December 22, 2017

Source: Bigstock

The journal Quillette goes by the motto “principle before affiliation.” In fact, the opposite is the truth, I learned a little while back when the editors, Claire Lehman and Jamie Palmer, accepted an essay of mine. Shortly thereafter I sent them an early draft of my piece on Amy Wax. In that version I’d touched on the Charlottesville tragedy, distinguishing between white supremacists and nationalists who happen to be white. Like my linking to the pro-Trump American Greatness blog, that was too much for these “centrists.” They rejected not only the second work but also the first, which, again, they’d already accepted and had just edited for publication. Neither Lehman nor Palmer is from the U.S., and neither has spent much time in it, as far as I can tell. Their knowledge of this country is palpably superficial. Still, the mere thought of being associated with “a white supremacist”—which, of course, I am not—or with a person who referenced a Trump-friendly website was sufficient to prompt these members of Cowards Incorporated to have nothing to do with my writing.

Both are centrists. That is a very appealing position for some, because you appear wise by being “moderate.” Meanwhile, you don’t have to stand for anything. In practice, that is the great value of centrism. It is naturally a coward’s home, the semblance of wisdom, at no cost. What makes cowards so detestable is that not only are they exceedingly fearful; they usually don’t know what they’re talking about. Thus, in an ignorant article, “Paranoid Paleoconservatives,” Palmer writes of President Trump’s inaugural address that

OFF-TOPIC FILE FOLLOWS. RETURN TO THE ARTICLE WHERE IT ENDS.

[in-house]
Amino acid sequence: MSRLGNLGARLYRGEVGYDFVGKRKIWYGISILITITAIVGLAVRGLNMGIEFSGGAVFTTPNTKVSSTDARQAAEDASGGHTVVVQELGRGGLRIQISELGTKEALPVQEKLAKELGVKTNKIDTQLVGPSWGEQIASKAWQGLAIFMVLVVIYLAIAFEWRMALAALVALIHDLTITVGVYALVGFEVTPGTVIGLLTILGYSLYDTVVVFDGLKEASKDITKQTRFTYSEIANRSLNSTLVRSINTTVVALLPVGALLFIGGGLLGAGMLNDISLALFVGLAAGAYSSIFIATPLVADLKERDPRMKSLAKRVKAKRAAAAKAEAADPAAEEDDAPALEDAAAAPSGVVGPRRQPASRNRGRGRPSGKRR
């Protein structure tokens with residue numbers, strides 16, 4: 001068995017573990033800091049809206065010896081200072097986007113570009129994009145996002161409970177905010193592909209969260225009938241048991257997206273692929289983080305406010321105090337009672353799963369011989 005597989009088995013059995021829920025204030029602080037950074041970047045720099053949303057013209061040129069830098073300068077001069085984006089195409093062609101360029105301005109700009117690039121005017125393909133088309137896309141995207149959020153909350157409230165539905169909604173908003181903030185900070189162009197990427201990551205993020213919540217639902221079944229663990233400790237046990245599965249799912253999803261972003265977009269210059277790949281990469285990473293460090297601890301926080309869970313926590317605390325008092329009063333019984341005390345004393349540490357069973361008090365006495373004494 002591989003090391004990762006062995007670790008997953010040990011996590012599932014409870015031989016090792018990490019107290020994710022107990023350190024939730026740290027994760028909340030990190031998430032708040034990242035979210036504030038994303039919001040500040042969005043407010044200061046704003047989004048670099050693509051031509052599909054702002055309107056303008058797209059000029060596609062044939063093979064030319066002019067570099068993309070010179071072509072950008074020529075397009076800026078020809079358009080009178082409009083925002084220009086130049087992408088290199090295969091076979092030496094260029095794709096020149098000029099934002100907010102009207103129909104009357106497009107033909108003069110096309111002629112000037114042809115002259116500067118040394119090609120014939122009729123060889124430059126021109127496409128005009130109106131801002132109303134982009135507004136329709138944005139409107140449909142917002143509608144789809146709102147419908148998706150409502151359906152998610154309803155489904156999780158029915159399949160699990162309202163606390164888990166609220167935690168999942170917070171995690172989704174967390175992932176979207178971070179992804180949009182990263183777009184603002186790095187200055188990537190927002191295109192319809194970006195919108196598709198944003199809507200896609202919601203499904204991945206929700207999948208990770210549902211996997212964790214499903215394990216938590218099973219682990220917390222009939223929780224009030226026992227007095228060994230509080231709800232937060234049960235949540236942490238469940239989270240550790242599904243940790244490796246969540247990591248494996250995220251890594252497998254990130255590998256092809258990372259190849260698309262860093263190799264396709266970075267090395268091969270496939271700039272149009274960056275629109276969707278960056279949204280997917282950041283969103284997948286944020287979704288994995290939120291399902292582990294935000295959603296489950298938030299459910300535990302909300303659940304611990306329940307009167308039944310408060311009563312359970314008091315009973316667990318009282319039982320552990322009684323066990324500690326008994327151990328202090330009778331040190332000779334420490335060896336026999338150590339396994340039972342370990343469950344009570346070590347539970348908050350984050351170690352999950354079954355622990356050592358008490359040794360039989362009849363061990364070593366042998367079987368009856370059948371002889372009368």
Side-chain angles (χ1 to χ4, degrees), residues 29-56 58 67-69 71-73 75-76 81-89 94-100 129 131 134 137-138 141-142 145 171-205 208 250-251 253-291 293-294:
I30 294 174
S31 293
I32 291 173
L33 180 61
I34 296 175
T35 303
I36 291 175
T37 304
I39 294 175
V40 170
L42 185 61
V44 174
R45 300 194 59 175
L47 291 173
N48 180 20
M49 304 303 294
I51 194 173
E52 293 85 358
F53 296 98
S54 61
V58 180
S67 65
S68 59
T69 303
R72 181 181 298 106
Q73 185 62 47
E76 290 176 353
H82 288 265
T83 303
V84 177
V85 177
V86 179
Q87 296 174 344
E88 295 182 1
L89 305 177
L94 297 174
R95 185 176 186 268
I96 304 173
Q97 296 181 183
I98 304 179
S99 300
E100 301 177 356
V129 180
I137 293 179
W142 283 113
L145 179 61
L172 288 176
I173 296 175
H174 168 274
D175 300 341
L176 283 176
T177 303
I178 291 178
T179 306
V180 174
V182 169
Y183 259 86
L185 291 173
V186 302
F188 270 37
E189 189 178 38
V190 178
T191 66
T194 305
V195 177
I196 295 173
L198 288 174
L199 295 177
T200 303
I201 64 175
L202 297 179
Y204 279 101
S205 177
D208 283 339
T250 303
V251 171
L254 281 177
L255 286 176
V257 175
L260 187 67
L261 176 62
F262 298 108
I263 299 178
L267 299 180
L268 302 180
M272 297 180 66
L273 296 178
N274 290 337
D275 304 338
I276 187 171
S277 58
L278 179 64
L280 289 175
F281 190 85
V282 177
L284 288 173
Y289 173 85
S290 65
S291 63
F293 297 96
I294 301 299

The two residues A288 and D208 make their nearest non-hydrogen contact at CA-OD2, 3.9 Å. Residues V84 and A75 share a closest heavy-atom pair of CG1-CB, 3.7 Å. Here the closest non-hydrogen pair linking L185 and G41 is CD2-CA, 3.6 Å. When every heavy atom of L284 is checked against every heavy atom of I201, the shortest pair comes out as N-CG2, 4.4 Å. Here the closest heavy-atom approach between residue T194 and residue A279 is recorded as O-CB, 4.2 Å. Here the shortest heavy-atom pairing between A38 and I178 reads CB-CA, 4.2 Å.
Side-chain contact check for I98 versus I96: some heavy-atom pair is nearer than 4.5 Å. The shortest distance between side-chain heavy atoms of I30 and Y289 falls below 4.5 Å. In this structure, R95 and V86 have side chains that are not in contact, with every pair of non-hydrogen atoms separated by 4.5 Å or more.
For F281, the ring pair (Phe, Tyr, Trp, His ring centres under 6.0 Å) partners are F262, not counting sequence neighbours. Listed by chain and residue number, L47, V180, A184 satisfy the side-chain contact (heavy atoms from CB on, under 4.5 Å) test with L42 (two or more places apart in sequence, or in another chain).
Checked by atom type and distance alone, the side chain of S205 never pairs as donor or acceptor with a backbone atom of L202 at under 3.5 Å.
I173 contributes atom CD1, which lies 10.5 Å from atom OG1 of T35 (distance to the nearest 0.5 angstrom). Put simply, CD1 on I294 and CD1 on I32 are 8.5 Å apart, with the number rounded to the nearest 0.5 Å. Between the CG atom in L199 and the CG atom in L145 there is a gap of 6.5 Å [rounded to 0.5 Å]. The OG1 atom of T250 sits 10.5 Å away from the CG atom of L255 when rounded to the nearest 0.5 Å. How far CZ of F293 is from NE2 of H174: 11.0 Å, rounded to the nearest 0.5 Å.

even the passages promising national renewal were suffocated by the unrelenting sourness of the delivery. “From this day forward, a new vision will govern our land” Trump intoned grimly. “From this moment on, it’s going to be America First. America First.”

For a moment, liberal internationalism seemed to have been vanquished at a stroke.

Palmer’s sensibility feels “suffocated” because the “grim” president put “America First.” What “sourness” in putting your own nation before others! Palmer evidently prefers “liberal internationalism,” it having hollowed out nations throughout the West.

Readers of Quillette will be happy, however, to know that Claire Lehman is willing to communicate with them—for $5. “Pay only if you get a response,” as she says in her Earn.com profile. Very amusing, this, because a person who’d take the trouble to set up such an account is almost certain to respond. After all, if Lehman simply wanted people to be able to contact her, she’d put her e-mail address on the Quillette website or on her Twitter. She will talk to one for $5. Well, then, seeing as she is for sale, it seems a fair question what Lehman would do for $50 or $500.

The history of literature is full of geniuses—Blake, Baudelaire, Melville, Dickinson, Whitman, Hopkins, and many others—who meant little or nothing to the reading public while they were alive. Today, as in the past, there are relatively few people who can recognize what only certain writers have the ability to do. Meanwhile, as we have seen, in the age of democracy and mass communication (again, mass emotional confusion), never has it been so difficult for writers forced to play along with this sham morality.


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